Czechia and Slovakia block an important document for EU enlargement

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The Czech Republic and Slovakia have blocked an important document concerning the further enlargement of the European Union. The reason is the Bulgarian veto on the opening of accession talks with North Macedonia. According to the Czech Minister of Foreign Affairs Tomáš Petříček, the document could further complicate accession negotiations.
“I am sorry, but we had to block the EU Council Conclusions on Enlargement,” Slovak Foreign Minister Ivan Korčok said in a statement. “This document inadequately introduces sensitive historical issues into the agenda in relations between EU member states and candidate countries,” the Slovak minister said, adding that such an approach undermines the credibility of the enlargement process and motivation of candidate countries to meet tasks and accession criteria.
According to Petříček, the text also contains, among other things, passages that change history, which could be detrimental to the enlargement process in general.
Bulgaria blocked accession talks in mid-November because Northern Macedonia rejected its request to recognize that its national identity and language had Bulgarian roots. According to Sofia, its Balkan neighbor is also not complying with the friendship pact that the two countries signed in 2017, and an anti-Bulgarian campaign is underway in the Macedonian media.
There are also disputes about a minority living on Bulgarian territory. Northern Macedonia considers them Macedonian, which Bulgaria rejects. Sofia believes that Macedonian nationality and language were created in the 1940s under what was then Yugoslavia and that before 1920, most of the population in the area considered themselves Bulgarians.
Although Bulgaria agreed to open accession talks with Albania, the veto on Skopje also blocked the start of negotiations with Tirana.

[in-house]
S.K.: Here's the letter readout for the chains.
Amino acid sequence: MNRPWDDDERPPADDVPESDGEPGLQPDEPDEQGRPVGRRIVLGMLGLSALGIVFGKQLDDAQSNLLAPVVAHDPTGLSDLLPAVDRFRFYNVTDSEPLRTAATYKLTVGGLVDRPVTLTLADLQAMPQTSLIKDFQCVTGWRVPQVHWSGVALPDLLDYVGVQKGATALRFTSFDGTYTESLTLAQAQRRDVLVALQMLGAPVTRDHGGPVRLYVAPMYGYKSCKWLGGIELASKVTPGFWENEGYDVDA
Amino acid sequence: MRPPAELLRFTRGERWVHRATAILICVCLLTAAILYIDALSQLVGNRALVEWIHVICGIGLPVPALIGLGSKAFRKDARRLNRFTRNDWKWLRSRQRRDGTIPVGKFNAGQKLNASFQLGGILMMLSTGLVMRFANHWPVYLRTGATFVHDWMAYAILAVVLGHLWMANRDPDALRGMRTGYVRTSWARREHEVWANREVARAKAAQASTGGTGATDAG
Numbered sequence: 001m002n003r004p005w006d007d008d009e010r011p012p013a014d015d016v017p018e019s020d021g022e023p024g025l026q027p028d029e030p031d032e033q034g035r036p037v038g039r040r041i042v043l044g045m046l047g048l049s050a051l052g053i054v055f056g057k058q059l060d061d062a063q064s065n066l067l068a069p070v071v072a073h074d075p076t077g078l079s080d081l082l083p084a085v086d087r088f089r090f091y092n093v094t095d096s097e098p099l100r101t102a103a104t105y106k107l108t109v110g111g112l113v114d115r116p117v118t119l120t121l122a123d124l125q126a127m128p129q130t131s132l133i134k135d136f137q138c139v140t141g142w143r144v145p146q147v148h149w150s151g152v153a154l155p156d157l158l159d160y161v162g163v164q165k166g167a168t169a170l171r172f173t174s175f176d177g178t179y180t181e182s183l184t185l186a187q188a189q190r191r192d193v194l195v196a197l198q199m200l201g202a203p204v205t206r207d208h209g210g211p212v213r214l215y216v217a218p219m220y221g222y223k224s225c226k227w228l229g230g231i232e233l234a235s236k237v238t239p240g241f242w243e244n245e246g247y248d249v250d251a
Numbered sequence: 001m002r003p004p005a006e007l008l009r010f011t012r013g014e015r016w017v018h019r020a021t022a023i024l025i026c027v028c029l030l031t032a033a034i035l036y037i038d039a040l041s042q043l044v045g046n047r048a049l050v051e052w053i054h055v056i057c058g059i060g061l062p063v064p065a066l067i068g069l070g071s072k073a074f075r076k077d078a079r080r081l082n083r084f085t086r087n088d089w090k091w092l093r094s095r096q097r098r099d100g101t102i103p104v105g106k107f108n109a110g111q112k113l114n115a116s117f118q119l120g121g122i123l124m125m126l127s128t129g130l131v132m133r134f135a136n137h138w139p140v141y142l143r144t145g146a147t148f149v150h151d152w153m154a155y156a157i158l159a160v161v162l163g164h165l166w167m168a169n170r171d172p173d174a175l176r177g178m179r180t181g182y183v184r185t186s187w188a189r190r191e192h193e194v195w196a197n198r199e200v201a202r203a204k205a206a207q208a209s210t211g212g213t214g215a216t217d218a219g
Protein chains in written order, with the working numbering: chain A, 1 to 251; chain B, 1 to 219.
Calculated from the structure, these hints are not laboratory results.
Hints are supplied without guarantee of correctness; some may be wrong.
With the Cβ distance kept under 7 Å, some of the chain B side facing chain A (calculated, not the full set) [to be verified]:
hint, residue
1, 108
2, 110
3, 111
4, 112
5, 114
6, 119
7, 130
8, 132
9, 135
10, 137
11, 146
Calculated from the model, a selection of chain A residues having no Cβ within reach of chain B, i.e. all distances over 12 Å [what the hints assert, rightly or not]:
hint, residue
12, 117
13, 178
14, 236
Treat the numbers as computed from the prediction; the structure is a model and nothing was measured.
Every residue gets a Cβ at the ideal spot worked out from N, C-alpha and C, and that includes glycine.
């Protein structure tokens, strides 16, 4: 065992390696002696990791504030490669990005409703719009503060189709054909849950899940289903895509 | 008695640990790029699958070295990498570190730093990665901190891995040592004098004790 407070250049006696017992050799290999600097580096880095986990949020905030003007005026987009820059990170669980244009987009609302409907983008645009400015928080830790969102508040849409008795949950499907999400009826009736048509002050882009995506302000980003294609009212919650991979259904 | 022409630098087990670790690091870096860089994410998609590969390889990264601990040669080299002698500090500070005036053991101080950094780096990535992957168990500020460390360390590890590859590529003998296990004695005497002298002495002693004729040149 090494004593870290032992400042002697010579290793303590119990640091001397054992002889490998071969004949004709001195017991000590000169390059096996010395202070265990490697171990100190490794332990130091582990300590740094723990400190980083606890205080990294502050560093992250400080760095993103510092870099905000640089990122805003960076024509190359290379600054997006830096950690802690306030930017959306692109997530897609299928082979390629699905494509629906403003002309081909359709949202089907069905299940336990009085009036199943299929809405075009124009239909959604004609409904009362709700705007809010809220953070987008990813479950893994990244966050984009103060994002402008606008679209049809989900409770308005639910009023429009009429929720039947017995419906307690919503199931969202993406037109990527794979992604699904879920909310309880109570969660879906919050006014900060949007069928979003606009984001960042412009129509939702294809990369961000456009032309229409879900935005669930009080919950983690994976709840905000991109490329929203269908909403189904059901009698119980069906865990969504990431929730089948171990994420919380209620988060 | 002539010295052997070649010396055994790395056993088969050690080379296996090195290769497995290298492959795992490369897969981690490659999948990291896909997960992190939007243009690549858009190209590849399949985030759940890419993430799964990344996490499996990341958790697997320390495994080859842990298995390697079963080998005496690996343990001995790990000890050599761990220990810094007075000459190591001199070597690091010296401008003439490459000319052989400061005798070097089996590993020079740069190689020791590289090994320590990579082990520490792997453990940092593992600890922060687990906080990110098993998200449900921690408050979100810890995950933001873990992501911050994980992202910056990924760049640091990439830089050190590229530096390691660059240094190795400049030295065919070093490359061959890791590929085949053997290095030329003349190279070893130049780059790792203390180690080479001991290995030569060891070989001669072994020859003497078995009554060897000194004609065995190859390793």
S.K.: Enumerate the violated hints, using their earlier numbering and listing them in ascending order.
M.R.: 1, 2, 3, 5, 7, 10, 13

“I will explain our procedure in-person to a Bulgarian colleague. We want the enlargement process to proceed further, not to get stuck in bilateral disputes,” added Czech Minister Petříček.
The situation is an unpleasant problem for EU diplomacy, given that Russia, China, and Turkey are also trying to strengthen their influence in the Western Balkans. Slow progress in developing relations with the EU could therefore lead to a neglect for the reforms demanded by Brussels for greater democracy and the strengthening of the rule of law, the DPA noted.
According to the DPA, the ambassadors of the Czech Republic and Slovakia approved the text of the conclusions on Wednesday and did not use the country’s right of veto until Thursday in the Council of Ministers. Both countries specifically criticized the fact that a reference to historical disputes with Northern Macedonia was included in the text on the issue of enlargement under pressure from Bulgaria.
Title image: Slovakia foreign minister Ivan Korcok talks to the media during a press conference after a meeting with his Cyprus’ counterpart Nikos Christodoulides at the foreign house in capital Nicosia, Cyprus, Monday, Nov. 23, 2020. Korcok is in Cyprus for official visit. (Katia Christodoulou Pool via AP)

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